Lessons learned in my first year as CEE’s multifamily project coordinator
I started my new position as CEE’s multifamily project coordinator last year, and it has been an extremely fun and challenging 18 months.
I came to the job after working with CEE’s residential energy program for seven years, so I was already familiar with the ways homes use energy. Still, multifamily buildings have their own
set of unique challenges, and it has been quite the learning curve... Thankfully, my CEE colleagues are a wealth of knowledge when it comes to energy use in both multifamily and single-family homes, so I have been in good hands while learning the ropes of this sector.
I primarily work on the Multifamily Energy Savings Program
, which is provided by Minnesota Energy Resources and delivered by CEE. We serve multifamily building with five or more units, from low-income housing to senior housing, assisted living, on-campus college housing, condominiums, and apartments.
Even early on, I’ve already learned some important lessons:
1. Multifamily buildings have a lot in common with single-family homes.
While multifamily buildings are truly a blend of residential and commercial buildings, there is a lot to be learned by looking at how a typical single-family home uses energy. Both building types have many of the same features and systems impacting energy efficiency: insulation, air leakage paths, heating systems, lighting, and more. And both building types serve as homes to people and families, providing a space to live, eat, and relax. Comfort and livability are important regardless of whether it’s an apartment, condominium, or single-family home.
2. A major difference between single-family homes and multifamily buildings are the mechanical systems.
Typically, single-family homes have either a forced-air furnace or a boiler system, and are typically controlled by a single thermostat. Multifamily buildings commonly have a central boiler system and water heating system distributed from one central room throughout all of the units in the building. These systems serve between five and several hundred units that are homes to residents with different comfort levels and heating needs. And you can’t just change the entire system because one person feels too cold. Often each unit has its own thermostat (commonly called “zones”), and this provides its own unique efficiency challenge.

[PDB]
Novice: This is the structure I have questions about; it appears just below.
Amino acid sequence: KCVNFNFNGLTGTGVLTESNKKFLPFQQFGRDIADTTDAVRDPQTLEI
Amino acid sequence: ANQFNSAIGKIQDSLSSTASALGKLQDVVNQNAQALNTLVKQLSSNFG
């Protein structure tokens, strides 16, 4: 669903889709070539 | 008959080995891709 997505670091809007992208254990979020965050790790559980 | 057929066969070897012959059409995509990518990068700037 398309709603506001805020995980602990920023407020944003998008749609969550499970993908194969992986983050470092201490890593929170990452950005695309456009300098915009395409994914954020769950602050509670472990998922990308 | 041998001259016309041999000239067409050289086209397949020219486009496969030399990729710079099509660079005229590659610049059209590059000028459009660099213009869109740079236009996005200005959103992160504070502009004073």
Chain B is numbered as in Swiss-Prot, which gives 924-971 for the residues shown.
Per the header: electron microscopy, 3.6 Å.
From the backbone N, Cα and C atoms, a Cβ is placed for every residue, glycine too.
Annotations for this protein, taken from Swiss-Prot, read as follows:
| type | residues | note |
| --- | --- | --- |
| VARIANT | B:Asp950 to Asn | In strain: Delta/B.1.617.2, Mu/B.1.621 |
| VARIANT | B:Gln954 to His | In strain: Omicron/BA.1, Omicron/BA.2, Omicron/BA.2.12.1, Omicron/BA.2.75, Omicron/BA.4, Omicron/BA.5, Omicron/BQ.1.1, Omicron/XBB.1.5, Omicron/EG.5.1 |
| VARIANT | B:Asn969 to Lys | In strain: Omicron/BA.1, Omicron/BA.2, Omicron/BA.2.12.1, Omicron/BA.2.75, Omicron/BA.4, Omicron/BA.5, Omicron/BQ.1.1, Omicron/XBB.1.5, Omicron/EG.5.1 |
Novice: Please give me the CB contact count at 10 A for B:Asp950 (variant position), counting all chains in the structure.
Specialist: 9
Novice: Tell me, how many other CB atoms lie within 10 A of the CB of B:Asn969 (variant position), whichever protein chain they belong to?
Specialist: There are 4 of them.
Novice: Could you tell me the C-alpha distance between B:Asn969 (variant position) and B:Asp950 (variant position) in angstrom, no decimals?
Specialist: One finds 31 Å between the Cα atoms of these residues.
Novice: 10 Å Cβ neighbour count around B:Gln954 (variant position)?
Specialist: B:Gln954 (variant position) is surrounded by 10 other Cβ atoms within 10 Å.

3. It can be difficult to know who is responsible for making decisions about efficiency recommendations.
Because multifamily buildings are often commercial properties, the decision-making process is different than with single-family homeowners. Multifamily buildings have many stakeholders, including residents, caretakers, site managers, property managers, property owners, and anyone involved with the building financing. These people often have conflicting priorities that need to be taken into account when making efficiency recommendations. In addition, the key decision makers are often different from one multifamily building to another. Large national or regional companies may require approval from several different people for potential capital improvements. For smaller building owners or management companies, there may be fewer decision makers involved, and thus it may be an easier process. In working with multifamily buildings, it’s important to engage stakeholders and find the appropriate decision maker early in the process, so that you can clearly communicate the benefits of recommended energy efficiency improvements.
4. While there may be more opportunity for energy savings in older buildings, there are still opportunities in buildings of all ages.
Many people assume newer buildings have no efficiency needs. And it’s true that, as LEDs become the new standard and condensing boilers become more prevalent, we don’t see as many opportunities in newer buildings as we do with older, pre-war buildings. However, sometimes new, more efficient systems are not set up to reach their efficiency potential and there is opportunity to commission these systems. Some examples of this include improperly set boiler and water heating controls, or ventilation systems without the proper controls.
5. Sometimes the hardest part of achieving a more efficient multifamily building is finding the potential opportunity.
Many building owners and managers just don’t know where to begin. Some of the people I work with have no idea that their building is experiencing issues, and others aren’t familiar with the rebates and financing that are available to help complete efficiency upgrades.
As CEE’s multifamily project coordinator, it is my responsibility to help close knowledge gaps among building owners and managers, as I keep learning more about this field every day myself. It’s been gratifying to help our multifamily community do its part to meet Minnesota’s efficiency goals, all while saving money and improving occupant comfort in their buildings.